The three-year “A4” study is instead focused on people aged 65-85 who have no outward signs of dementia but who do have a high level of amyloid plaque build-up, as determined using PET scans.
The NeuroVision sub-study will also assess whether changes in retinal amyloid imaging correlates with amyloid build-up in the rest of the brain and cognitive change. One hundred subjects will be recruited into the sub-study and imaged annually over three years.
NeuroVision’s CEO Steve Verdooner added: “This is an exciting opportunity to evaluate our technology in a setting in which it could potentially add significant clinical value.”
He says that current methods for evaluating amyloid plaques are both difficult and have limited scope for scaling up to meet any potential demand for any new drugs that are proved to be effective.
“Our technology is designed to be easy-to-use, reliable and, being non-invasive, have minimal impact on patients,” Verdooner said. “If it works in the way we expect, retinal imaging would streamline enrolment into clinical studies and could help identify candidates for new drugs and monitor their efficacy in a practical and accessible setting.”
Down Syndrome: increased risk
Michael Rafii, an associate professor of neurology at USC and associate professor of neurosciences at UC San Diego, suggested that if the optical technique works, it could in the future be used clinically, to identify at-risk patients.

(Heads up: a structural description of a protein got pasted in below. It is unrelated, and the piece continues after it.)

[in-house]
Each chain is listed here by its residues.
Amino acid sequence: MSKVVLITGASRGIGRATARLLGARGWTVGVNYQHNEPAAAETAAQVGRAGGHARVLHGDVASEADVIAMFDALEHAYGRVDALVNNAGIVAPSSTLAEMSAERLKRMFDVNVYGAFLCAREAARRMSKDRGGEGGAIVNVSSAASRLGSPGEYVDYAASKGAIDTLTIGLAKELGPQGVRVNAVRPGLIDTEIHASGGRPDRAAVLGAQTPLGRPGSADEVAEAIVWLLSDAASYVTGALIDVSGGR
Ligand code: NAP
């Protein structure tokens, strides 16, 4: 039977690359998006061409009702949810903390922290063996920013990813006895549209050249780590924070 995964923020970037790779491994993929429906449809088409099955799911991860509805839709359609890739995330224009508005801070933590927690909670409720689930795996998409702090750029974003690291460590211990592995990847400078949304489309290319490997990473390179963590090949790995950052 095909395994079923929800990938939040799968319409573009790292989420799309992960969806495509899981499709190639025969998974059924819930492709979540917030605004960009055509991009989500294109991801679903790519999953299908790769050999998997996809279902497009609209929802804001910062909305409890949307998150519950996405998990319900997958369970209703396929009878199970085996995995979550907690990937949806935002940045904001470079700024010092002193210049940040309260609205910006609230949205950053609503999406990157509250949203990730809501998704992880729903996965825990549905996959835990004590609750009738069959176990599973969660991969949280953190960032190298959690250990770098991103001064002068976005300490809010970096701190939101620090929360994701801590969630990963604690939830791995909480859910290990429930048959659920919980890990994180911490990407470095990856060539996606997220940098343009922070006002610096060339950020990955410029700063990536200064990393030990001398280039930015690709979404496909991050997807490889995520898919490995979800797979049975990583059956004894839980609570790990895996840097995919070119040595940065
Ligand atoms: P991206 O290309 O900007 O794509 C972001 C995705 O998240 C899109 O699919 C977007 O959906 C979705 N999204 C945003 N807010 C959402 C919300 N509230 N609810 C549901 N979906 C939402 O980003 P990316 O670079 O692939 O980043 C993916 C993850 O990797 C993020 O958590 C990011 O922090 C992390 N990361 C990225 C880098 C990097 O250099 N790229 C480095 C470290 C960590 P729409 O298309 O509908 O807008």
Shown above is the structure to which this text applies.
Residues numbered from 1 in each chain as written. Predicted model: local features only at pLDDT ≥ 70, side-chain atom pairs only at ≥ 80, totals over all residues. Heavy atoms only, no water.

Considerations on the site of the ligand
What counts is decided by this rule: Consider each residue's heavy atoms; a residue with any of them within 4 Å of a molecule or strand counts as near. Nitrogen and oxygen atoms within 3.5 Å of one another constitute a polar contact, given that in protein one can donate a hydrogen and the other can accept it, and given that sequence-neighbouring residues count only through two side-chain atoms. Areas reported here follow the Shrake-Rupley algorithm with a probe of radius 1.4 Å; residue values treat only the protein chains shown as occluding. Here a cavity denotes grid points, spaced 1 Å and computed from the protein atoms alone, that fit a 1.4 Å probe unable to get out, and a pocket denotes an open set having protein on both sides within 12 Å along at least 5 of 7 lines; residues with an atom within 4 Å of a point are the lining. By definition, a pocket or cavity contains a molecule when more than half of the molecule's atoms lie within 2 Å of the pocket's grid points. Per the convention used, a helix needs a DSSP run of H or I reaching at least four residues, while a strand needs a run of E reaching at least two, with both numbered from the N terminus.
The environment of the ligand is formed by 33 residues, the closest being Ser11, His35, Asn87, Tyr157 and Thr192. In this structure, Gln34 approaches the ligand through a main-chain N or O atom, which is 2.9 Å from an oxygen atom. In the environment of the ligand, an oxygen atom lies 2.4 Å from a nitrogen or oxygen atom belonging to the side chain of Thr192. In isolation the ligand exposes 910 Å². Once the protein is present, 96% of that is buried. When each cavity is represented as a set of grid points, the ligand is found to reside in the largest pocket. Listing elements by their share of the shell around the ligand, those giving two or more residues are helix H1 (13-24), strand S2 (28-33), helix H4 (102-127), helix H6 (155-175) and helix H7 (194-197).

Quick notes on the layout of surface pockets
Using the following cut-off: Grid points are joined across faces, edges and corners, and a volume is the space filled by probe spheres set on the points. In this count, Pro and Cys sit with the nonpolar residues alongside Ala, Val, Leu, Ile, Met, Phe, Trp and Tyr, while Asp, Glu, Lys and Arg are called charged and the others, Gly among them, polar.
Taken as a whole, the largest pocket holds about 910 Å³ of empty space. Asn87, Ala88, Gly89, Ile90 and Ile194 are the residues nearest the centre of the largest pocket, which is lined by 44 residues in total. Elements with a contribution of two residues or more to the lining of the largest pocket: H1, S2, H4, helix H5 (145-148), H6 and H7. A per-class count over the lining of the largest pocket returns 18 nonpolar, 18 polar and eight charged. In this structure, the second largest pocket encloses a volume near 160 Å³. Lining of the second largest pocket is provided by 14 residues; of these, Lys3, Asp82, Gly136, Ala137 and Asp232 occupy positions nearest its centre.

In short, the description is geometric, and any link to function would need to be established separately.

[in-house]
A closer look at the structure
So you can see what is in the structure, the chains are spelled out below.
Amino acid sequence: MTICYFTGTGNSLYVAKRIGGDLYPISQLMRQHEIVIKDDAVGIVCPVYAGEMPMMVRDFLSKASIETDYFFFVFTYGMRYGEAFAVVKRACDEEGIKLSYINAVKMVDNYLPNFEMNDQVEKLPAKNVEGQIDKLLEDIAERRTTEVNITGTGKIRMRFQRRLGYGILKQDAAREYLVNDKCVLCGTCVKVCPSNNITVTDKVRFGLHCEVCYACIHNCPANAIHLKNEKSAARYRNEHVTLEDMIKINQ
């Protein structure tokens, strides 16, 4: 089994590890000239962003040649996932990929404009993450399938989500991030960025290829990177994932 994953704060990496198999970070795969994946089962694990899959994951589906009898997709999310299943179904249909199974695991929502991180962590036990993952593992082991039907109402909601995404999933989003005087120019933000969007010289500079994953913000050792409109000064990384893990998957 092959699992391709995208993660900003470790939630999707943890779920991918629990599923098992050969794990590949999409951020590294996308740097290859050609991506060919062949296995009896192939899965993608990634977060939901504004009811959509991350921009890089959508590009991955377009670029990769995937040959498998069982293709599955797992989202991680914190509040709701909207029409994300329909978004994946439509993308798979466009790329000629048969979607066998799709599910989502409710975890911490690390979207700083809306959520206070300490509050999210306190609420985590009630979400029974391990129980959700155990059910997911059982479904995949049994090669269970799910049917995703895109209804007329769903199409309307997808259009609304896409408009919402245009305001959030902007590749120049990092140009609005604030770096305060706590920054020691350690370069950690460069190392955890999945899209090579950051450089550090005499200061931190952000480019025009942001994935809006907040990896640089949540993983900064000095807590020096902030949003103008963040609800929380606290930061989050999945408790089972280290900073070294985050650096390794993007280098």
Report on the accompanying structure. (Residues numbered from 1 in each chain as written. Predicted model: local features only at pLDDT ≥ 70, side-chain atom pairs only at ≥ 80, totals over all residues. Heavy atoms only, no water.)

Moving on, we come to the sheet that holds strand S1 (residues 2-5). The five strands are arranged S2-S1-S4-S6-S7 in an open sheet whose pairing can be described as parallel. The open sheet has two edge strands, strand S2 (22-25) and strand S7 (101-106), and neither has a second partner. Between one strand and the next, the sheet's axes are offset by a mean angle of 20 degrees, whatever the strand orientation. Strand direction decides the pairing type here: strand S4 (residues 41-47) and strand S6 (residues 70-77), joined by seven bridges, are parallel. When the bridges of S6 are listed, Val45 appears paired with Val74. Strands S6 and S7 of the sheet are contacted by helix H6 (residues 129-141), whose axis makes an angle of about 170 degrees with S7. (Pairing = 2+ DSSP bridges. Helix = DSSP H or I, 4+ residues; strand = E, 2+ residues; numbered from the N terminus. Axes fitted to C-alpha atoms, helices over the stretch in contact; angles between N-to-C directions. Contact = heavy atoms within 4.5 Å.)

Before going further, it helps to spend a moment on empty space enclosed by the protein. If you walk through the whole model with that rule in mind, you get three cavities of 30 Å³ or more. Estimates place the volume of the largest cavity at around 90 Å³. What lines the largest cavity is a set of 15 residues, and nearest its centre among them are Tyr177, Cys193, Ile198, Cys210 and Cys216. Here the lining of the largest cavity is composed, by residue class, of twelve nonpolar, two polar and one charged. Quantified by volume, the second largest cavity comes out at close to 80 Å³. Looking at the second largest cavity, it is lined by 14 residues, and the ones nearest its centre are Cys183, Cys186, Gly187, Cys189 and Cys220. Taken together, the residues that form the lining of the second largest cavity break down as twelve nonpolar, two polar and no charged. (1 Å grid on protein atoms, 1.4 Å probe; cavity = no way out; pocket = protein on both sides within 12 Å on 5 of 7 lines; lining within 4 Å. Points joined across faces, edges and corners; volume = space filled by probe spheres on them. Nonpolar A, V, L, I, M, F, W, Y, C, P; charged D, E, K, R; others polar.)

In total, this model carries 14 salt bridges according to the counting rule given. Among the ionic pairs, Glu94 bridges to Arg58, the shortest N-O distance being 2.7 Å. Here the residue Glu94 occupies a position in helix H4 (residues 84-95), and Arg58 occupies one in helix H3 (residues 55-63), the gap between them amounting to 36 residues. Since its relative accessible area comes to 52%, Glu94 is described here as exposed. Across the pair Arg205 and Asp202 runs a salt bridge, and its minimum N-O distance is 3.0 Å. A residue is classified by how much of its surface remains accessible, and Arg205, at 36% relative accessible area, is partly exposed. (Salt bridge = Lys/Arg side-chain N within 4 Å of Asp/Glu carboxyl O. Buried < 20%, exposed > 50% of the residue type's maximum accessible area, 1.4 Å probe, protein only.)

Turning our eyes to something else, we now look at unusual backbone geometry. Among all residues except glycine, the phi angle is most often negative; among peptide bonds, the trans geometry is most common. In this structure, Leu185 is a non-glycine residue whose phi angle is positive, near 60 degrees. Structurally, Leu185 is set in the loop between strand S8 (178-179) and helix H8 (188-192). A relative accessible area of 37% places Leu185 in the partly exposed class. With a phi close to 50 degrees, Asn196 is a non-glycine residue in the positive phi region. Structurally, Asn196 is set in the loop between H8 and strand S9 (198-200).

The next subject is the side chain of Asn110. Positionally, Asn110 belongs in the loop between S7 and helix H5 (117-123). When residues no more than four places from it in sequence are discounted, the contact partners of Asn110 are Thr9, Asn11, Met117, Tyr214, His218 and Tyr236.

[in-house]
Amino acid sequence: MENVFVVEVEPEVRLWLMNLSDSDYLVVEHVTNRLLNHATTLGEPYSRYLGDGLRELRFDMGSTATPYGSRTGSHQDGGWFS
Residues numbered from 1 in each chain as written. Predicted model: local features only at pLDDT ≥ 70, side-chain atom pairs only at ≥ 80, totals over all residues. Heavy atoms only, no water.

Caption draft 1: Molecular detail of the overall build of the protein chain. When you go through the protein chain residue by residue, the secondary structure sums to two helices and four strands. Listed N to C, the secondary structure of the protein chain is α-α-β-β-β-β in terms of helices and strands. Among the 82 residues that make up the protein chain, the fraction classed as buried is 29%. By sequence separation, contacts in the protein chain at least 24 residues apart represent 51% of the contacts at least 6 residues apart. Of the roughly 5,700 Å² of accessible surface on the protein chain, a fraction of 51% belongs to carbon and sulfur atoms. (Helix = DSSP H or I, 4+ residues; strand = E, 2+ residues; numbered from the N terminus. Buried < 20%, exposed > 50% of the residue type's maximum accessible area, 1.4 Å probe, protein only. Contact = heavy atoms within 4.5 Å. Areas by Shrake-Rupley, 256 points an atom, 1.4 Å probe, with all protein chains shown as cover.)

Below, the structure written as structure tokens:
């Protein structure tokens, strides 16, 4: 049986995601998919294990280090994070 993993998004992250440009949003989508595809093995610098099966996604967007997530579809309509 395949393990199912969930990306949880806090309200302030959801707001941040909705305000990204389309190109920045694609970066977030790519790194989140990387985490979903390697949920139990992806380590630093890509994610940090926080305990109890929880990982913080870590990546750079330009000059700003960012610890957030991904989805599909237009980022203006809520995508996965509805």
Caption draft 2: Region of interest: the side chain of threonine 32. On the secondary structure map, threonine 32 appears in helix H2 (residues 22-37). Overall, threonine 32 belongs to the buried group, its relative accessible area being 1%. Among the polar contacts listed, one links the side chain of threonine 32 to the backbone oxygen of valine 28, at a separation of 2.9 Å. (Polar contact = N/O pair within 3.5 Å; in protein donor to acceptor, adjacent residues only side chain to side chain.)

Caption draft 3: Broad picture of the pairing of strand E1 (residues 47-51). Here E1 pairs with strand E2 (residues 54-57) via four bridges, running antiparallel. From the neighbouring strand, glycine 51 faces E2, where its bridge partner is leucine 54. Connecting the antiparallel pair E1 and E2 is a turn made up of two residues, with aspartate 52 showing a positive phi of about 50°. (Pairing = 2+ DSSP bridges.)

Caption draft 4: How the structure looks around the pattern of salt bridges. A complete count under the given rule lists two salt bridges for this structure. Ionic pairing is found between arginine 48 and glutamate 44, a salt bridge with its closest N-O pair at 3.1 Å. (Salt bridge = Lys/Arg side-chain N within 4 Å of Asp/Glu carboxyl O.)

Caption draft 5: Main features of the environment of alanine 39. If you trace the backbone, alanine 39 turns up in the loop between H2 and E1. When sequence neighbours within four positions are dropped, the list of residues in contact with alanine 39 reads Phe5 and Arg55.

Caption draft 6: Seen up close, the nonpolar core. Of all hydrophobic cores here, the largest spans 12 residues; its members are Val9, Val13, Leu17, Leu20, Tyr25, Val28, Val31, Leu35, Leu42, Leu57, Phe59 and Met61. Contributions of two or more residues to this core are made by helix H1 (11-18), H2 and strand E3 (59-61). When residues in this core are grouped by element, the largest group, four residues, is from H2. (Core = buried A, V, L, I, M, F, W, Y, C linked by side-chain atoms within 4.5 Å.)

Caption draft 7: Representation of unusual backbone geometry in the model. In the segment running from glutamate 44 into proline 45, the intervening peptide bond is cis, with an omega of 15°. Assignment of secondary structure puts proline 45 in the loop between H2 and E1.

“Dr. Rissman and I recently identified a strong neuropathological signal using NeuroVision’s retinal imaging system in adults with Down Syndrome, a group of individuals who are at increased risk for developing Alzheimer’s disease,” he pointed out.
NeuroVision’s technology uses curcumin fluorescence to produce micron-resolution images of the retinal plaque deposits. Curcumin, a component of turmeric that lends the spice its distinctive yellow color, binds to beta-amyloid proteins that build up on the retina and fluoresces under blue-light excitation.
Verdooner co-founded NeuroVision with the neurosurgeon Keith Black, who is also a professor in the Department of Neurosurgery at Cedars-Sinai Medical Center in Los Angeles.
Back in 2014, Black and colleagues said that a 200-volunteer study of the technique taking place in Australia had shown “significant promise” for early Alzheimer’s detection.
At the time, the study’s manager Shaun Frost said that the optical imaging technique “appears to detect changes that occur 15-20 years before clinical diagnosis”.
Last year, NeuroVision completed a $10 million round of series B funding, with venture investor Wildcat Capital Management providing half of that total, in support of the company’s efforts to validate the technology and gain regulatory approval.
It is also collaborating closely with Janssen Research & Development, part of the pharmaceuticals giant Johnson & Johnson, via a non-exclusive license arrangement. Janssen has developed a drug that it hopes will slow cognitive decline in Alzheimer’s sufferers, and is due to test its effectiveness in another clinical study of amyloid-positive but asymptomatic volunteers.
“The collaboration is intended to help NeuroVision further develop the foundation for wide, global adoption of its technology, including participation in Janssen clinical trials,” announced the Sacramento-based company in February 2016.